Anthony Davis dunks

Anthony Davis' Elite Production in the Paint

by Joey Ramirez
Digital Reporter

For a player often categorized as a new-school big man, Anthony Davis sure loves himself a matchup that allows himself to rewind the game back to ‘90s bully ball.

See Davis’ game-within-the-game against Chimezie Metu in Tuesday’s comeback over Sacramento: Five times AD went back-to-the-basket against Metu and found the bucket.

Straight-up power, soft touch, footwork to create angles — Davis put it all on display in the post en route to a team-high 25 points, as the Lakers alchemized a 14-point deficit into a 25-point victory.

Such a display was nothing new for Davis — an eight-time All-Star and member of the NBA’s 75th anniversary team. He’s been dominant down low for his entire career, but this season he’s been a Picasso in the paint.

For all the exterior chatter about Davis taking too many jumpers, no player has scored more more points in the paint than he has (322). And like any great artist, he is a master of a variety of techniques.

Want him working in tandem with elite playmakers like LeBron James and Russell Westbrook? He leads the league in points as the pick-and-roll roll man (113).

Need him to get a bucket on his own? He’s second in scoring off post-ups (97). How about cleaning up his teammates’ misses? He’s fifth in second-chance points (77).

In short, he’s been a combination sledgehammer-Swiss army knife.

Davis’ work down low has behooved the Lakers through both volume and efficiency. He ranks second in baskets in the restricted area (129), fourth in dunks (53) and seventh in layups (71). And he’s also shot the fifth-best percentage on layups (68.9%), plus an elite 75.4% in the restricted area.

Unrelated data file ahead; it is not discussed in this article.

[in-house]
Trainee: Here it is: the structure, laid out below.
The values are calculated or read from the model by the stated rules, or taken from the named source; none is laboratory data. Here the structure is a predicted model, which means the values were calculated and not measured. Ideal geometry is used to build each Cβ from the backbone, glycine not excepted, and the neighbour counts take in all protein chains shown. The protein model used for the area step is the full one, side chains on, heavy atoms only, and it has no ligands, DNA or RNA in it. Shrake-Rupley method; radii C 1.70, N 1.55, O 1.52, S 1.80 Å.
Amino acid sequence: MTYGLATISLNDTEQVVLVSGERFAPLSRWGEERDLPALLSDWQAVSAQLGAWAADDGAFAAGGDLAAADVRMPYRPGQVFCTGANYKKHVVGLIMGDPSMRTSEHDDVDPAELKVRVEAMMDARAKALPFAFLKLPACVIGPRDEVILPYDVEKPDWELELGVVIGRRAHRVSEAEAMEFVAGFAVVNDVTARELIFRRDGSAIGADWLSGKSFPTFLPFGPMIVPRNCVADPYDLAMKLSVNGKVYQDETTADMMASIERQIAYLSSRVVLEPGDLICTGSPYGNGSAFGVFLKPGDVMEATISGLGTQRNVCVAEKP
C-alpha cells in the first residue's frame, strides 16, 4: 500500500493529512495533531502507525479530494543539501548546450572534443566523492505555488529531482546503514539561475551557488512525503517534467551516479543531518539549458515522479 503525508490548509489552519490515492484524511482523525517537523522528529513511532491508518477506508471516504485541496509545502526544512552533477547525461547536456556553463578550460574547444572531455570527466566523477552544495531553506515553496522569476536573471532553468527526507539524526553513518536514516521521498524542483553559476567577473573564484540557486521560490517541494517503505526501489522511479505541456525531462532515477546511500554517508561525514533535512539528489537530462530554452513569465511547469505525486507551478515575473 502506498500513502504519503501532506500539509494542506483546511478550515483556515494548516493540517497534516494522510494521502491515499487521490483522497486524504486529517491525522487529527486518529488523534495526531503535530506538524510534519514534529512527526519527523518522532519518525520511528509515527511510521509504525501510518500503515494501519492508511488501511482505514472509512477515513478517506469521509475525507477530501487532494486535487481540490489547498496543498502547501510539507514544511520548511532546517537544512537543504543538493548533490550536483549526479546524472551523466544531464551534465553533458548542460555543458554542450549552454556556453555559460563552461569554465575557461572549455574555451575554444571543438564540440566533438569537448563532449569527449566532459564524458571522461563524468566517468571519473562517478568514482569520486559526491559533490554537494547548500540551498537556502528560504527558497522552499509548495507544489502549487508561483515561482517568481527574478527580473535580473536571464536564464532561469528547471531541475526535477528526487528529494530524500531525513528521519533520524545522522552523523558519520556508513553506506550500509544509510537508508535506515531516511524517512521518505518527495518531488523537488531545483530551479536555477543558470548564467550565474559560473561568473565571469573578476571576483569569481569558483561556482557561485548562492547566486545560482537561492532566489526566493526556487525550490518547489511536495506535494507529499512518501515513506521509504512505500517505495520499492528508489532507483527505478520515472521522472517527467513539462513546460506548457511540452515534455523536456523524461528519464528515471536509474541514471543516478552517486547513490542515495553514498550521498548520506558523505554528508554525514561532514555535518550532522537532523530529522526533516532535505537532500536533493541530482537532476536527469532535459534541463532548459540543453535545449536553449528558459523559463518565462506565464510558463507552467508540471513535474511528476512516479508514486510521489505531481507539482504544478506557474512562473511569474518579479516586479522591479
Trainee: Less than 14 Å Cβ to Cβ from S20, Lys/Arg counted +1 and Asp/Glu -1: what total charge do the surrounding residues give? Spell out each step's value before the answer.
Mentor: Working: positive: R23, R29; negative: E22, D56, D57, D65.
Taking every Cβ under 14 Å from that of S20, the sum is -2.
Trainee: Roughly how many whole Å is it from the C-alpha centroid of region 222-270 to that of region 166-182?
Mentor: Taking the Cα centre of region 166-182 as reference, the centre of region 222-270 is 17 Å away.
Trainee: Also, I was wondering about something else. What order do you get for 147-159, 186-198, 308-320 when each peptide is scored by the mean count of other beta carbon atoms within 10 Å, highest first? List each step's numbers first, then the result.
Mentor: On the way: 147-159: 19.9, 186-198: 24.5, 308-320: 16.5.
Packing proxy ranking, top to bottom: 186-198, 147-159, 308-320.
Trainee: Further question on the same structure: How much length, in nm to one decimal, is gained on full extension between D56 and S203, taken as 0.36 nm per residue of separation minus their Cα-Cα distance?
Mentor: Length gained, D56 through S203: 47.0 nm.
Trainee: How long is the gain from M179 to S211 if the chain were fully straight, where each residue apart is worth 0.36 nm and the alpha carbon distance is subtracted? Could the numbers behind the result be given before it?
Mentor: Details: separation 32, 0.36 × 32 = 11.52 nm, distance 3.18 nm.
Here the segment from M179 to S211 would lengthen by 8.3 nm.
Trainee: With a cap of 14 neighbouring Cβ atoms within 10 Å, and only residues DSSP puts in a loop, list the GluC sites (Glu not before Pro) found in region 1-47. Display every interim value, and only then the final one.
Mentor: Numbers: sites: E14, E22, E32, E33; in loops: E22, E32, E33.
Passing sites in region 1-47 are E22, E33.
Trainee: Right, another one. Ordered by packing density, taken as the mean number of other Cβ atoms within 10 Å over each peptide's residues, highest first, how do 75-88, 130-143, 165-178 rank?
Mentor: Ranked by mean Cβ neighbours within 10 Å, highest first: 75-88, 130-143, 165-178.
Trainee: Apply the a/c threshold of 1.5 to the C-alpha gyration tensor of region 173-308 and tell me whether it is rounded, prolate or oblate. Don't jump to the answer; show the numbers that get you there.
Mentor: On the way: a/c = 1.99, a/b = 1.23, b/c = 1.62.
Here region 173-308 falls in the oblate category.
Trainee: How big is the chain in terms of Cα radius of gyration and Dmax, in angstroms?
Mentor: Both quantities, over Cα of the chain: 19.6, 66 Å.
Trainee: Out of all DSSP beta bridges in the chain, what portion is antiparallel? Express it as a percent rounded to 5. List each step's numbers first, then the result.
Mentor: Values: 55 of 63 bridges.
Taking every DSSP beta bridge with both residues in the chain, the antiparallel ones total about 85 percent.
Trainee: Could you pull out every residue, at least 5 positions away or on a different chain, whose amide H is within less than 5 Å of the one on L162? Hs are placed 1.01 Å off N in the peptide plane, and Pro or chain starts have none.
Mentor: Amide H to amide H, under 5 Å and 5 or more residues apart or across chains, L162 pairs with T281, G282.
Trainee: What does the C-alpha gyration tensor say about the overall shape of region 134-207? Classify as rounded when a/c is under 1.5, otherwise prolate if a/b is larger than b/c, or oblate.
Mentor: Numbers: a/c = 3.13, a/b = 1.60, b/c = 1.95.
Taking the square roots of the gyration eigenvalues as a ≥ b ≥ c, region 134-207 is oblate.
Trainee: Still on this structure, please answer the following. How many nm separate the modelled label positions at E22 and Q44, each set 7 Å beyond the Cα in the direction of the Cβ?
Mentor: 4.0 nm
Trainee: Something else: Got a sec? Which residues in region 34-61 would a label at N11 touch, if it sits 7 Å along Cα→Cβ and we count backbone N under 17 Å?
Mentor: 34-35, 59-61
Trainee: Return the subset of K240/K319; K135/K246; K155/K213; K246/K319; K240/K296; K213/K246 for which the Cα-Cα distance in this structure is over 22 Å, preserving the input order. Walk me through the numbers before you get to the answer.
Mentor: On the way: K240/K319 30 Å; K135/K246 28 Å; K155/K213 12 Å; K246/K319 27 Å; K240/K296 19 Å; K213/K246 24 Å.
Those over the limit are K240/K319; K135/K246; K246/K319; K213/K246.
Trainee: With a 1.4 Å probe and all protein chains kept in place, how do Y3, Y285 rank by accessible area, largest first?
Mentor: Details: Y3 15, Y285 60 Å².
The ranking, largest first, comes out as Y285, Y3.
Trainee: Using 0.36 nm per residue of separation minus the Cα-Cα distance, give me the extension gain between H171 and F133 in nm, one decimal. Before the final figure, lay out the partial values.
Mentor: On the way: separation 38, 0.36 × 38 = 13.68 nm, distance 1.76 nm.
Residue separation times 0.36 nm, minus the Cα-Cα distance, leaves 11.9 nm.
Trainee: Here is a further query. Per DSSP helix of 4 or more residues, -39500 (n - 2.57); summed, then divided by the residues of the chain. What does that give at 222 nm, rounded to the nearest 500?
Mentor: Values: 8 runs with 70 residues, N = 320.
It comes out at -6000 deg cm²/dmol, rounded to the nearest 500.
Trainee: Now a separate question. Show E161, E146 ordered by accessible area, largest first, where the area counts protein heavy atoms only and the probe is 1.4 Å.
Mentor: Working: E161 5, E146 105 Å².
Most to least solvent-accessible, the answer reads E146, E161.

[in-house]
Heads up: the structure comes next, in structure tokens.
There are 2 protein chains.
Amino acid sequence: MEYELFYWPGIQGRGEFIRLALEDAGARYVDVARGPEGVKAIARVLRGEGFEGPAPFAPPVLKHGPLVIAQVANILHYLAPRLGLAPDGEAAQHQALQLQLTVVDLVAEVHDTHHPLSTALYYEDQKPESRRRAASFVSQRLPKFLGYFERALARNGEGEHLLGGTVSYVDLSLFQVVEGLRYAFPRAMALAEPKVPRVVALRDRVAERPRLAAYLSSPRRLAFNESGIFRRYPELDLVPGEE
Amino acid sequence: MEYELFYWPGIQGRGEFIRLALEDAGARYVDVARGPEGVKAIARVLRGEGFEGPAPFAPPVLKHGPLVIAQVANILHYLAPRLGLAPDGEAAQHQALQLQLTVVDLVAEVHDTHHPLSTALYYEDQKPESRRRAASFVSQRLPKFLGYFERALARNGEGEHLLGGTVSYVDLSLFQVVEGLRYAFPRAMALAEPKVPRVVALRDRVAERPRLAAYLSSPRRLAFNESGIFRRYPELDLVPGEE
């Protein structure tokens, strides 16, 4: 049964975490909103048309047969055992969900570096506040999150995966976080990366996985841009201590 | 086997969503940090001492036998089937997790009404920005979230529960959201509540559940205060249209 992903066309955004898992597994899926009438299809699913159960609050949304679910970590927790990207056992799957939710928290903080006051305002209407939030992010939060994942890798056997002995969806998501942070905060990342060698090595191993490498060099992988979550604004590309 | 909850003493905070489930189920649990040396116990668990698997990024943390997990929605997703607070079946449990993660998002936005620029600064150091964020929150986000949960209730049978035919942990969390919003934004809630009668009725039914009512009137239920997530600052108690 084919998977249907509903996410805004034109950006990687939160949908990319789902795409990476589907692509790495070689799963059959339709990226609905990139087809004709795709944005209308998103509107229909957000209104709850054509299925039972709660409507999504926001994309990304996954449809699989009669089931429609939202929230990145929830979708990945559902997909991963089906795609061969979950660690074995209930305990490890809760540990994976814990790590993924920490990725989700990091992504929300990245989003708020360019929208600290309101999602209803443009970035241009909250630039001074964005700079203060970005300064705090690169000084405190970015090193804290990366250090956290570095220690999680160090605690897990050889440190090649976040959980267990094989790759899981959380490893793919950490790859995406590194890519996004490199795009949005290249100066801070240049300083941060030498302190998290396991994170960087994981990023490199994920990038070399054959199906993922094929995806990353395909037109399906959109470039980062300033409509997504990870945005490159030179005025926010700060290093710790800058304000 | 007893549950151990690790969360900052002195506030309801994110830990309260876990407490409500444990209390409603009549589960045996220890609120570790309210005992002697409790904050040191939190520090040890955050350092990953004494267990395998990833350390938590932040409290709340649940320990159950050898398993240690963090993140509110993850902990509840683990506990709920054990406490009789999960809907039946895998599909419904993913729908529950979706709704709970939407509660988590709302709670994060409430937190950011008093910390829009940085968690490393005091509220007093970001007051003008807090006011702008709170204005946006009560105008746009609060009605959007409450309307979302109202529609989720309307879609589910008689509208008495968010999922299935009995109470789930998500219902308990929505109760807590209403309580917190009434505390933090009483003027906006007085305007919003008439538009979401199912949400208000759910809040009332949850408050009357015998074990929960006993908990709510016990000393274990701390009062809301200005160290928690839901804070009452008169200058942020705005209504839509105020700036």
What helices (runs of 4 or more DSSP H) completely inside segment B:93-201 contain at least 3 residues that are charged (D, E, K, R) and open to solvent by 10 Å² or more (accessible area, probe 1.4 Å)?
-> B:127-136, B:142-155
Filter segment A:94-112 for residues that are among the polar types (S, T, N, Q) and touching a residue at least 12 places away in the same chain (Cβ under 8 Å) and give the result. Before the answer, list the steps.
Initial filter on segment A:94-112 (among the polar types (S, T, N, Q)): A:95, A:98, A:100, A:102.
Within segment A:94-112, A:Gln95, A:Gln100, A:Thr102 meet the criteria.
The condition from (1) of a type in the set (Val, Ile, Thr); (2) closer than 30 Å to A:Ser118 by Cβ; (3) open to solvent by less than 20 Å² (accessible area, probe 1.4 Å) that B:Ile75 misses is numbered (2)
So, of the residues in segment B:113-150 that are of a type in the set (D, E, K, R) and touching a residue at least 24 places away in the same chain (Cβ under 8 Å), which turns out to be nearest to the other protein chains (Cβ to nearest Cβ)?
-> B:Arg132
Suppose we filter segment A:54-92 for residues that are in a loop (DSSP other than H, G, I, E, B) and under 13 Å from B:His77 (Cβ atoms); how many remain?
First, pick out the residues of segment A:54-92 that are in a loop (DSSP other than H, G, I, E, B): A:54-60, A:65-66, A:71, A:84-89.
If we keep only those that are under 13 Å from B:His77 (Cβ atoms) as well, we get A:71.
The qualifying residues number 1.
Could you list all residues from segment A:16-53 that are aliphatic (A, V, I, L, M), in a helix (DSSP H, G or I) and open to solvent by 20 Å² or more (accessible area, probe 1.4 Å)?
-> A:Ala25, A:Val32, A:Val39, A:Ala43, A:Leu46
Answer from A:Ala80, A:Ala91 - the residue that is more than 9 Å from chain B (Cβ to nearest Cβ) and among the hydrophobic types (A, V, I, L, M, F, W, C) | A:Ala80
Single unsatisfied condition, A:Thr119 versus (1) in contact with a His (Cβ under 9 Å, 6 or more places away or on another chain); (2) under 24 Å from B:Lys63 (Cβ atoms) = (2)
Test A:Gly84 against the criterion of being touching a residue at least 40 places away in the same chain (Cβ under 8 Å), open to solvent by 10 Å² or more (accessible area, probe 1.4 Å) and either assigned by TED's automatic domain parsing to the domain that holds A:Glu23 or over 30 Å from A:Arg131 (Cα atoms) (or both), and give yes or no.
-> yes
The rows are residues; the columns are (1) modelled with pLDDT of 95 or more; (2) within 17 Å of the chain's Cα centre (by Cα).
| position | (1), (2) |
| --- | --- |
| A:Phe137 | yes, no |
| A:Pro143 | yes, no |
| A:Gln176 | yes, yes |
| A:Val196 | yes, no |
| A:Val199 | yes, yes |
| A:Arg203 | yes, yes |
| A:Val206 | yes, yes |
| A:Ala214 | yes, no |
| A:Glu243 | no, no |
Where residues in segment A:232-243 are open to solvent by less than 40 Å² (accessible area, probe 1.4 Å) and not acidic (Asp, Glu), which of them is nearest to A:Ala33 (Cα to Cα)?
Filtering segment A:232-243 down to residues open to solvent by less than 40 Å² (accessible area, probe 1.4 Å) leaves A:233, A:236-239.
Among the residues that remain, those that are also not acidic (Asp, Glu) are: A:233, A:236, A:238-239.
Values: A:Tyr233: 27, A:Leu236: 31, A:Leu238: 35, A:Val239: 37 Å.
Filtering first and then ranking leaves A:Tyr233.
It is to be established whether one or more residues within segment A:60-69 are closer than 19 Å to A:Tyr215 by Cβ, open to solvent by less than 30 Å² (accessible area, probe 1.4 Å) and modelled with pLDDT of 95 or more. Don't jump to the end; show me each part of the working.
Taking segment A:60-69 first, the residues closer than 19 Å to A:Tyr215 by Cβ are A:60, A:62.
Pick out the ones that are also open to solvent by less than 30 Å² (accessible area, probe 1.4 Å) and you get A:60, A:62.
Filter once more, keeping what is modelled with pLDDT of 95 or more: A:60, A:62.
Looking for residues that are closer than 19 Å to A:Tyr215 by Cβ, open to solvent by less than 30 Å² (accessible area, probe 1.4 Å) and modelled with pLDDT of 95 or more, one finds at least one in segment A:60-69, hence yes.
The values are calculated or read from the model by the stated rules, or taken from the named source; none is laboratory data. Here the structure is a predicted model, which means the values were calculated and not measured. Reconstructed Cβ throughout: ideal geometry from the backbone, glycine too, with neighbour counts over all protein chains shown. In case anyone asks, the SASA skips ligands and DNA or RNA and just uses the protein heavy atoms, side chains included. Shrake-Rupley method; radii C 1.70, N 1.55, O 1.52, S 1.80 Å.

He’s a shape-shifter, constantly morphing from low-post bulldozer to angle-seeking tactician to uber-athletic lob threat.

Furthermore, all of that success goes without mentioning the physical toll that comes with doing battle among the game’s colossuses down low. And that tax only increases with how much effort AD puts on the defensive end, where he swats the NBA’s second-most shots per game (2.3).

So, with his presence in the paint well established, what of Davis’ jump shot — one of the league’s surest conversation starters?

Well, he’s hit 38.1% from mid-range, which is on pace for his best mark as a Laker. Fans will recall just how deadly his mid-rangers were during the 2020 playoffs, when he hit 49.6% from that zone.

Obviously he’s a far cry from that sweltering percentage, but a player doesn’t reach that kind of height in the playoffs without putting in reps upon reps in the regular season.

Now, where AD has undoubtedly struggled this season has been from the arc, where he’s made just 9-of-46 from 3-point range (19.6%).

Again, there is value in regular season reps leading to postseason success. AD’s 3-point percentage ballooned from a below-league-average 33.0% in the 2020 regular season to a dangerous 38.3% during the run to the title.

Beyond that, there is simply value in him being willing to take shots from beyond the arc in the interest of spacing. The Lakers need Davis to at least be a potential 3-point threat, so that opposing defenses cannot simply pack the paint on them.

During his tenure in purple and gold, the Lakers are 55-25 when he attempts at least three 3-pointers, and 43-23 when trying two or fewer. Shooting 3s — even if they don’t go in — stretches the defense, gives the offense more space to attack, and leads to winning.

For those still not satisfied with his perceived diet of jumpers, here are a couple more: Davis’ 5.1 mid-range attempts per game is the same mark that he shot last year. And his 2.1 3-point attempts are by far his fewest as a Laker.

But perhaps most illuminating is this: Davis, for all the talk of him spending too much time on the perimeter, has taken 252 shots in the paint — more than any other player in the game.

And you know what he’s capable of doing there.

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